Apple Introduces iOS 8 at WWDC 2014
After the revolutionary release of iOS 7 last year, Apple seems to have listened to developer and user feedback to make iOS 8 even better. Announced this week at WWDC, iOS 8 is packed with new features that not only make users happy, but also make life much easier for iOS developers. Let’s take a look at some of the key features (there are lot, so please forgive us for the length of this post!):
App Store Search Gets Serious:
Apple seems to be aware of the criticism surrounding app discoverability on the App Store. As a result, they have added an “Explore” tab to help users find an app they’re looking for. Apple also added a “trending searches” feature, quick search with scrolling lists, and related searches. While we doubt that the search capabilities are equal to that of Google, it is definitely an improvement over the old App Store search capabilities.
Apple also introduced app bundles and app previews. App bundles allow users to download a “bundle”, or a collection, of multiple apps. This feature is especially useful to developers with multiple apps. Now, devs can bundle all of their apps together, allowing users to download your entire library of apps with just one click.
App previews are short videos that accompany the description of an app. They are meant to quickly describe the app’s features and give a quick demonstration of the UI and UX. While this new feature is primarily for the user’s benefit, developers should really consider spending some time on creating these videos. Any opportunity to show off your app should be taken advantage of!
APIs for All!:
The release of iOS 7 was accompanied by approximately 1,500 new application programming interfaces. Seems like a big deal, right? Well, with iOS 8, Apple is planning to release as many as 4,000 brand new APIs.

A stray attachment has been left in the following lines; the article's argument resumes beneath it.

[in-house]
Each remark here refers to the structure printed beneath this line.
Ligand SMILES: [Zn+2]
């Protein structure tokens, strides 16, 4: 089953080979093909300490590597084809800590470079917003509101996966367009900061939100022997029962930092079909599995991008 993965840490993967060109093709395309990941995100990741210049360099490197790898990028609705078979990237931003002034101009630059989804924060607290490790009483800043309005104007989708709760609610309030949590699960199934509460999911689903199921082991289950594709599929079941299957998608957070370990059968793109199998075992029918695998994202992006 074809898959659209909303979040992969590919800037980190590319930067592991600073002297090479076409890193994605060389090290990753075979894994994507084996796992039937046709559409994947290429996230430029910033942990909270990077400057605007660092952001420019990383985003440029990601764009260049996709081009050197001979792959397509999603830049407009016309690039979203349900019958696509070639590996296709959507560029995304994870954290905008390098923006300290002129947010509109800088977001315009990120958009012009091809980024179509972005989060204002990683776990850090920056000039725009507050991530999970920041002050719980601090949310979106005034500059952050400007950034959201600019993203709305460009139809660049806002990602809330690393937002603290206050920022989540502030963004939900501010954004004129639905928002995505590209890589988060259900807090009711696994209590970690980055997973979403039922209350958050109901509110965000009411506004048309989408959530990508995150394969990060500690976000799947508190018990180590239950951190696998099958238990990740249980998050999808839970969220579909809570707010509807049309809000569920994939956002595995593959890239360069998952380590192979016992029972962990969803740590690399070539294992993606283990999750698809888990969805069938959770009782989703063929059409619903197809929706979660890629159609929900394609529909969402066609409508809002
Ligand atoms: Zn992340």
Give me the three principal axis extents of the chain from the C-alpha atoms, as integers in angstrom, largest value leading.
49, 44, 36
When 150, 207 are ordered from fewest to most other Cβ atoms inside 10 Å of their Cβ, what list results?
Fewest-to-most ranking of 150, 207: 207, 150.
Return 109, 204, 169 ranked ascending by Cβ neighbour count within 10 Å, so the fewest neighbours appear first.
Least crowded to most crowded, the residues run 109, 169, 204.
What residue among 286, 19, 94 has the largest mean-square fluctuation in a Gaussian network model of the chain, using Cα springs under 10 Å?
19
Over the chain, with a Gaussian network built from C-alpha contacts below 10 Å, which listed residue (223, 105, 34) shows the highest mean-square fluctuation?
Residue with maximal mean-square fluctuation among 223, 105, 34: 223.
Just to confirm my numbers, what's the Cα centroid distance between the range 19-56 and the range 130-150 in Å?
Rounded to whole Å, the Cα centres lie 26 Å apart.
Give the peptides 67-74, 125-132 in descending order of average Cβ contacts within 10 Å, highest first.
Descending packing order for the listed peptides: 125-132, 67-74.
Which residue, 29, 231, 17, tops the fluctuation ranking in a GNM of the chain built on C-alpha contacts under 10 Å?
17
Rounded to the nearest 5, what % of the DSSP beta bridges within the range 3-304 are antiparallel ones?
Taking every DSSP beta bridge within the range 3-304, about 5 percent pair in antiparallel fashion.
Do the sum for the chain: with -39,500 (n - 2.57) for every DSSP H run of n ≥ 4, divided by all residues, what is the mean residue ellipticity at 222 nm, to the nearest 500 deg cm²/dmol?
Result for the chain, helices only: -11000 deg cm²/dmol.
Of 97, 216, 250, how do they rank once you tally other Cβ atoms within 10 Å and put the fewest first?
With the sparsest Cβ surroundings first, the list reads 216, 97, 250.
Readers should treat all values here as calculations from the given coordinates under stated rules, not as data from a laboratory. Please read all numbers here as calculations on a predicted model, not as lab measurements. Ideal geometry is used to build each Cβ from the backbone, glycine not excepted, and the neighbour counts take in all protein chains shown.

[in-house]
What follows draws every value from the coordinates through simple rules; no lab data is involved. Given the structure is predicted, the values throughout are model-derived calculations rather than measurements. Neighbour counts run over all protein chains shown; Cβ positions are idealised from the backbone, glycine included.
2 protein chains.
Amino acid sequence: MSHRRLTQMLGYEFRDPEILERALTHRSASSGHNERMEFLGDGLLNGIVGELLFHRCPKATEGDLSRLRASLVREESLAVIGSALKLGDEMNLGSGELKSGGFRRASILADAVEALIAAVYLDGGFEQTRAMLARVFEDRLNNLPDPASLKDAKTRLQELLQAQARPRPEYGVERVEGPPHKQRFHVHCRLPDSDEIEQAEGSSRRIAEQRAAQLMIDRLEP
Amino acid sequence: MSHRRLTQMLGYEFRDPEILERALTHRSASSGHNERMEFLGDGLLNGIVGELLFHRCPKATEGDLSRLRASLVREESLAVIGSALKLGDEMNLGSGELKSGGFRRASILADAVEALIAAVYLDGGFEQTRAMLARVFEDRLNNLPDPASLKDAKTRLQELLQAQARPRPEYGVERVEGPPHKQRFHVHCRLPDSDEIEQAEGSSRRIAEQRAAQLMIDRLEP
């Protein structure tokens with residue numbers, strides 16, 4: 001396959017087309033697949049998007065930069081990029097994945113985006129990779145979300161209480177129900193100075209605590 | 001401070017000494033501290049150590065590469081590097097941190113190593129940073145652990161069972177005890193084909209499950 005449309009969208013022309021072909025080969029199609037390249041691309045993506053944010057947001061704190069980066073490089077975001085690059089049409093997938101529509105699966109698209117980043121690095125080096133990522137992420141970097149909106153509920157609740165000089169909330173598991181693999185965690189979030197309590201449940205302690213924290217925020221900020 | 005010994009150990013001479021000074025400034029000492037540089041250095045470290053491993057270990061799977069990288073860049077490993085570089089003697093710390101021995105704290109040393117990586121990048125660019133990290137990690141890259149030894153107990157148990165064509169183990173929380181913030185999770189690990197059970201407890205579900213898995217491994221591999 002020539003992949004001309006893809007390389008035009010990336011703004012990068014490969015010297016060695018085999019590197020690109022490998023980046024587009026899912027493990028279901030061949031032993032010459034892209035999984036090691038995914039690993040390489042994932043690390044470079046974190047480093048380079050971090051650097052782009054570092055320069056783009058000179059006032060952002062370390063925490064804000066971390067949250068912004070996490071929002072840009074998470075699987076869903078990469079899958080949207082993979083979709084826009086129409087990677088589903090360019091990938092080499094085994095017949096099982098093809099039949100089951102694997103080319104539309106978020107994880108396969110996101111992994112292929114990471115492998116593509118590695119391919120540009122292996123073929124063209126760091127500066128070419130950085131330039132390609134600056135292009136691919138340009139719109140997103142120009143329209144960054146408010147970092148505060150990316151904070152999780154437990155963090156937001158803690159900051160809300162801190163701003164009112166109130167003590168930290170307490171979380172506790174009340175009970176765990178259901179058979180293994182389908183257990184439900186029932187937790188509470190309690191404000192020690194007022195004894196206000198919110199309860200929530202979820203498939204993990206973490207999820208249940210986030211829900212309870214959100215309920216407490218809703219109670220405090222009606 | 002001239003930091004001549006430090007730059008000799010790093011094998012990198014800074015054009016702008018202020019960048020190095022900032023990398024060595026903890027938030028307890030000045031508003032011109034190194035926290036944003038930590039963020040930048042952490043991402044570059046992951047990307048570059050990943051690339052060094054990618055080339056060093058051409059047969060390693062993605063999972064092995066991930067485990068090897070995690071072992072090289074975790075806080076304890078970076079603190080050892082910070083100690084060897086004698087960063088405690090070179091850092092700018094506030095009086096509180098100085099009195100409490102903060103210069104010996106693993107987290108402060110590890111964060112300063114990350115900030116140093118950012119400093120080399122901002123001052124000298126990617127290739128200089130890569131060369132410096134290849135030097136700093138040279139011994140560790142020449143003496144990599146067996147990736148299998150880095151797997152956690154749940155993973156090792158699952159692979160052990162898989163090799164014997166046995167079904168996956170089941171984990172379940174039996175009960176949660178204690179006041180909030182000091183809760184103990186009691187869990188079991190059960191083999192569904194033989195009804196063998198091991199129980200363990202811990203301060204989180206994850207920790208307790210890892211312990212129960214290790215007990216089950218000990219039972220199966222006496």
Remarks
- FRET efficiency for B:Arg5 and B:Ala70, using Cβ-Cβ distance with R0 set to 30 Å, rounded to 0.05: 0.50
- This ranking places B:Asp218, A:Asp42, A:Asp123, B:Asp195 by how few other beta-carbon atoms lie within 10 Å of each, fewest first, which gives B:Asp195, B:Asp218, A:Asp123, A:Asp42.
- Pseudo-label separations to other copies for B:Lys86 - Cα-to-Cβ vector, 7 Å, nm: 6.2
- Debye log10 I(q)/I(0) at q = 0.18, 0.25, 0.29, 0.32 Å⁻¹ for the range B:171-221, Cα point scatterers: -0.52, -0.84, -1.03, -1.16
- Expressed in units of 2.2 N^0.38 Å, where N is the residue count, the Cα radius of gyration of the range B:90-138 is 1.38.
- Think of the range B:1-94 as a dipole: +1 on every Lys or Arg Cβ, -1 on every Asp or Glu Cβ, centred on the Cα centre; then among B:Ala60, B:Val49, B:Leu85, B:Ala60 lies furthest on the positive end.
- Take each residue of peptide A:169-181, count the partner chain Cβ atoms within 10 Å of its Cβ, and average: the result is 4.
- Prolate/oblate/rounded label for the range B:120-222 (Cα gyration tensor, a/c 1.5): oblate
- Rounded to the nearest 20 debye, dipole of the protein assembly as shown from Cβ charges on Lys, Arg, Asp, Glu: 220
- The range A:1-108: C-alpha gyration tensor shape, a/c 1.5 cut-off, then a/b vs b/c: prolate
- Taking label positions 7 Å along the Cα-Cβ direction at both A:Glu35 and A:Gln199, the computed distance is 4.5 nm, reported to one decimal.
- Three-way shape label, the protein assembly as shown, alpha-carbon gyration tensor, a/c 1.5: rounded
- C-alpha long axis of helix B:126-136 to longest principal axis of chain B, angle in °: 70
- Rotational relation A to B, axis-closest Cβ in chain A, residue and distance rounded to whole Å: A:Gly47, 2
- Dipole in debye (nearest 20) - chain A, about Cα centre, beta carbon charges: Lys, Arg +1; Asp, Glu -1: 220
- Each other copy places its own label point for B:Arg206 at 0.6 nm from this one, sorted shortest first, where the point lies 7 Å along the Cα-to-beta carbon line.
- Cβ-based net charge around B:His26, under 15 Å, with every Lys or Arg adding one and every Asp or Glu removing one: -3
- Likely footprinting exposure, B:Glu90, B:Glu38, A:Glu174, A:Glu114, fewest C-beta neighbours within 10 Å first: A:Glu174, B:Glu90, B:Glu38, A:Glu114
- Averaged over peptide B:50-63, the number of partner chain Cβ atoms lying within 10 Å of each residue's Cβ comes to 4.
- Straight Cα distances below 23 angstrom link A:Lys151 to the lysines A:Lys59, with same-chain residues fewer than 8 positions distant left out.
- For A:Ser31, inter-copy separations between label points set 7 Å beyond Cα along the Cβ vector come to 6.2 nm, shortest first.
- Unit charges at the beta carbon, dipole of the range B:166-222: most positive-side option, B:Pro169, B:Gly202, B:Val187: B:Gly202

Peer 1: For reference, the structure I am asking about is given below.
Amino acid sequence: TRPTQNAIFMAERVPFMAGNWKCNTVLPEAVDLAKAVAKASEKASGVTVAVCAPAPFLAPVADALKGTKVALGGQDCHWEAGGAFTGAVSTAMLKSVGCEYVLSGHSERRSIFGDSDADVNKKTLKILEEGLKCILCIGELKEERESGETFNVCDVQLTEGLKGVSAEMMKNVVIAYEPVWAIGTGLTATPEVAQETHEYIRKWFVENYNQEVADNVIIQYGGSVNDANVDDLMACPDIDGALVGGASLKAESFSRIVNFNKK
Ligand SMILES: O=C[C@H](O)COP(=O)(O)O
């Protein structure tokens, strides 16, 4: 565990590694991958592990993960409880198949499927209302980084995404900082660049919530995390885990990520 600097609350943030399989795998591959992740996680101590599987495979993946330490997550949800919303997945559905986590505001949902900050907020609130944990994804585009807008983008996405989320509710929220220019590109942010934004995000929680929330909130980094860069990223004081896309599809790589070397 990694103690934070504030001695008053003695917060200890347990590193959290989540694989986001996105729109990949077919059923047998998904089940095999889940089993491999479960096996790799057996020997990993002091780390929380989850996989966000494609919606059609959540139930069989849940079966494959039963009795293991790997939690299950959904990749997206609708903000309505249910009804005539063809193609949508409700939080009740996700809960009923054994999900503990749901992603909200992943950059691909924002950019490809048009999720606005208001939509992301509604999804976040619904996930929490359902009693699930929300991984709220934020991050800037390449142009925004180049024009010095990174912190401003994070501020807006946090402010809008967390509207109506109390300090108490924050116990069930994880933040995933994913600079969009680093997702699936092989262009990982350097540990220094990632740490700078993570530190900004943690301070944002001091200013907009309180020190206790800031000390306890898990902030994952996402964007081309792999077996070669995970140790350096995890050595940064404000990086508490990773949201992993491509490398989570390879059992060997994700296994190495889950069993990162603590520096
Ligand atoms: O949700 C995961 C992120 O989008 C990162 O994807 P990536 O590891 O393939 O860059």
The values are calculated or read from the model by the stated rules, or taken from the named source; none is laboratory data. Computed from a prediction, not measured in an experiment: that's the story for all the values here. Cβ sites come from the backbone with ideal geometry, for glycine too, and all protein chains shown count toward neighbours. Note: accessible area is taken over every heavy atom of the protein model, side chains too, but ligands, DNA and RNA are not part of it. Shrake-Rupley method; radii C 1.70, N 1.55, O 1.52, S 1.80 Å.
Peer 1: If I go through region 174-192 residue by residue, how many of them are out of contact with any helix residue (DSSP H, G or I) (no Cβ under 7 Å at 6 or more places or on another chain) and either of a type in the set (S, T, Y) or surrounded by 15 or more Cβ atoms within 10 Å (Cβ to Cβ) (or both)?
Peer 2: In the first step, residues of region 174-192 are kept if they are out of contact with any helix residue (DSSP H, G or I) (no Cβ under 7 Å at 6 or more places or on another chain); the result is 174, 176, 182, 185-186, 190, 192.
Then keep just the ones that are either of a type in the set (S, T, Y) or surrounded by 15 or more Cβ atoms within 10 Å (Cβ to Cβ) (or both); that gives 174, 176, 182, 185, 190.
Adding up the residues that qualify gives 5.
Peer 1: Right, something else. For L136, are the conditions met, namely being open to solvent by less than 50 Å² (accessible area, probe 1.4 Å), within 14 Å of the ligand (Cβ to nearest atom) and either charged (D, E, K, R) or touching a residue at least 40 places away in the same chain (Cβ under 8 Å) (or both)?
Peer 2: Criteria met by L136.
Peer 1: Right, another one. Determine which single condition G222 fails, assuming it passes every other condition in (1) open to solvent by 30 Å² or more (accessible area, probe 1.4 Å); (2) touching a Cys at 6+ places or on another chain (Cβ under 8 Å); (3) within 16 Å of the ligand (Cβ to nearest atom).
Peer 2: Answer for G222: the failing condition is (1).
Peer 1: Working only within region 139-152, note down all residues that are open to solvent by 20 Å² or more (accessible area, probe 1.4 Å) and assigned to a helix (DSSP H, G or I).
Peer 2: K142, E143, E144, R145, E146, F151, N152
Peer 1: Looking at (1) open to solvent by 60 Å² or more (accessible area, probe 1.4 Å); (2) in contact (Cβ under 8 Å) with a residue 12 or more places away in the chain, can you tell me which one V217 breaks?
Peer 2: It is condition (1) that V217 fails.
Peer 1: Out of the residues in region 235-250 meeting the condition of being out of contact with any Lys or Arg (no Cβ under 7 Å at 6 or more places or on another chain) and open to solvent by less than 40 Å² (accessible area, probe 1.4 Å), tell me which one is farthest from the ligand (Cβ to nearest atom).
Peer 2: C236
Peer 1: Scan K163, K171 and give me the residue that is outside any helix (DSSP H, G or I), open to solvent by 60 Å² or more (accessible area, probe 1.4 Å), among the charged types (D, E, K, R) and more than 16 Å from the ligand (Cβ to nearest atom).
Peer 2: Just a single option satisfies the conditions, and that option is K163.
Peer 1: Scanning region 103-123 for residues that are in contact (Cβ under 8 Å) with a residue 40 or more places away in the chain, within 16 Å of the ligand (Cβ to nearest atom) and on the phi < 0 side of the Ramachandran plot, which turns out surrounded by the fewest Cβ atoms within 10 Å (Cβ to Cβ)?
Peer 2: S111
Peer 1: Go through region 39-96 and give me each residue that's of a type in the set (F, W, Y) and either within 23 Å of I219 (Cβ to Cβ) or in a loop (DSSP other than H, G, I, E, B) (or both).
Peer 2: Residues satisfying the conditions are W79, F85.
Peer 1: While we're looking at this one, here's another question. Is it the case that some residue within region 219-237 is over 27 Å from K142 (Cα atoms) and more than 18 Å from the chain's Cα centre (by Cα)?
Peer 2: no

These new APIs, according to Apple, are mainly intended to provide what Apple calls “extensibility”. Extensibility refers to the ability of apps to communicate with each other, meaning that iOS 8 will finally allow developers to share data between apps. Devs will also be allowed to define widgets to exist within notifications, and developers will also be able to create dynamic widgets within the iOS notification center.
Any devs out there with keyboard apps? Apple is finally ready to play nice and has opened the doors for third-party keyboard apps to make the move to iOS.
This “extensibility” is a feature that Apple has been hinting at for a while, but it seems like they held off until now to ensure that all of the proper security mechanisms were in place.
PhotoKit, HealthKit, HomeKit, CloudKit, Handoff, and TouchID:
PhotoKit gives developers brand new APIs for managing photos and videos, and includes iCloud Photo integrating across Apple devices. This kit also includes new features for threading and caching full-sized pictures and thumbnails.